War on Drugs: Pharmaceutical reps say times have changed

Intense scrutiny and mounting regulations have put a choke hold on the pharmaceutical industry from its boondoggle days.

Nowhere is this more noticeable than on the front lines, where pharmaceutical sales reps – or drug reps to most – have witnessed the highs and lows of an industry marked by decades-long double-digit profits.

Chris Bies of Kingsley has worked as a pharmaceutical representative for more than 20 years and remembers the fishing trips, golf outings and fancy dinners. “There was some abuse by some back in the day, there is no question,” said Bies, a district manager for Otsuka America Pharmaceutical, headquartered in Japan. Otsuka sells tablets, injections and medical devices.


Bies says that times have changed, but for the better. “I’m glad (the unregulated entertainment) went away,” he said. “From the outside looking in, the old ways would be perceived as entertaining our physicians. Medicine and entertainment do not go together.”

The tighter restrictions have had an impact on the face time drug reps get with their clients. There are tight limits on spending. Gifts – even pens and paper – are strictly prohibited. Lunches must include an educational element; some offices don’t even allow lunches or drug rep visits anymore.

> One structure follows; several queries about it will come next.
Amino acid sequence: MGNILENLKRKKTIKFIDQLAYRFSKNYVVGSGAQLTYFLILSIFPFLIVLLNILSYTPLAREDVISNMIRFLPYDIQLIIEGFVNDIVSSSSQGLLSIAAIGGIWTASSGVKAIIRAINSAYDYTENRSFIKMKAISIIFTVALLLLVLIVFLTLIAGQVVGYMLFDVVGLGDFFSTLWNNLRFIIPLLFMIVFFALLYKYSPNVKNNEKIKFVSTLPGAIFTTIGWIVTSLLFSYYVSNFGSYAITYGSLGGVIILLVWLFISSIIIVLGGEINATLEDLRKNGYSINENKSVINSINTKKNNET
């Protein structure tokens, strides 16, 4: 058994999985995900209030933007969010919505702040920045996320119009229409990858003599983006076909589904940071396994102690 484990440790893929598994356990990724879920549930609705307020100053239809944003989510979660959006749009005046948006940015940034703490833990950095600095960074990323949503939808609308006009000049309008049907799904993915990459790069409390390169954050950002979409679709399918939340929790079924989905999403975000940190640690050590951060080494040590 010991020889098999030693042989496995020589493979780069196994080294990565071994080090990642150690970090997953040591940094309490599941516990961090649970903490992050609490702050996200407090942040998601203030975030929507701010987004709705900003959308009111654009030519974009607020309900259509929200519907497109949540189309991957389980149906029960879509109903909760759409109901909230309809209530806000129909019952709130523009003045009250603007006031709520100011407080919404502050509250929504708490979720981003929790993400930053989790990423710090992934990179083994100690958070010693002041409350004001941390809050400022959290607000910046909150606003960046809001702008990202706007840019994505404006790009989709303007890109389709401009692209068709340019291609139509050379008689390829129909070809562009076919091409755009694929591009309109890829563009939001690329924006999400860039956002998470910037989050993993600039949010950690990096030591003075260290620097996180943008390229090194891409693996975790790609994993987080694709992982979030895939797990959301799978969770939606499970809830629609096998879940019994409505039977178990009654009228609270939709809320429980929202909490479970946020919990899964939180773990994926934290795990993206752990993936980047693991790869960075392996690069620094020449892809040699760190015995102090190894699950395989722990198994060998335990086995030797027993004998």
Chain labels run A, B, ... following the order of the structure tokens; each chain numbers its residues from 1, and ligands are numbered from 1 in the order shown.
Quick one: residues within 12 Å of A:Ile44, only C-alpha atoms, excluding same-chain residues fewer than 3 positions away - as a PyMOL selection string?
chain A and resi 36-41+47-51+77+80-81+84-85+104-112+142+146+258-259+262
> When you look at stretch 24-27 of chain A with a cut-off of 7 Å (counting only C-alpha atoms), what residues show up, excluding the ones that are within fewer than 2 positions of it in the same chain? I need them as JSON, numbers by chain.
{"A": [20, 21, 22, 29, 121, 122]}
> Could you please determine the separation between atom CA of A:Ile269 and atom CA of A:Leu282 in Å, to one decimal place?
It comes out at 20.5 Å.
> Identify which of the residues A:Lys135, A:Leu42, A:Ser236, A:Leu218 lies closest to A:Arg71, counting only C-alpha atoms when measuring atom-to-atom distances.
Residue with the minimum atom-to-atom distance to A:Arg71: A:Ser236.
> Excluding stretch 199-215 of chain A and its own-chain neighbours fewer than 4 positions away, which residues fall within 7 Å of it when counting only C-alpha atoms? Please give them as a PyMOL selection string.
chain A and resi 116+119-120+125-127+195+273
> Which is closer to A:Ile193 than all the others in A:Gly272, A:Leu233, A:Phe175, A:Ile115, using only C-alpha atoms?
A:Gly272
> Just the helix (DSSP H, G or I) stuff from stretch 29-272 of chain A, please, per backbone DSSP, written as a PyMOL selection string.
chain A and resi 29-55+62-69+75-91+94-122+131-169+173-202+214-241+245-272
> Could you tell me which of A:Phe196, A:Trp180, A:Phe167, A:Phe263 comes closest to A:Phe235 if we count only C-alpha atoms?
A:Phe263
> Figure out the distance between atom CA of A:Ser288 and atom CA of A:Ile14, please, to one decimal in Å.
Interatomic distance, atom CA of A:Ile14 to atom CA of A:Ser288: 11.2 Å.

One of the more popular ways to get in front of physicians – fancy dinners – have changed too. Dinners must include an educational, pre-screened speaker and may not include physicians’ spouses, a deal-killer for many overworked doctors.

“When they didn’t allow spouses anymore, it really cut our attendance,” said Bies. “You can imagine a doctor saying, ‘Hey honey, I’m going to get a wonderful meal and some wine, but you can’t come.’”

One of the reasons for the changes over the past decade was tied to the dinner programs’ physician speakers, who would be paid to discuss a certain drug, but would extol its off-label efficacy, said Bies.

“The biggest problem would stem from dinner programs because, for example, a doctor would speak on (seizure disorder and shingles nerve damage drug) neurotin, which is used all over the place for everything (from hot flashes to hiccups),” said Bies. “The physician would talk off-label, which means that it was off the FDA’s indications. You have to talk very specifically.”

The off-label talks were such a problem that the FDA began fining both the pharmaceutical companies and the physicians that spoke to off-label efficacy. To date, billions have been levied against a wide-range of companies and providers.

“The FDA is constantly looking to see if there are off-label promotions,” said Bies.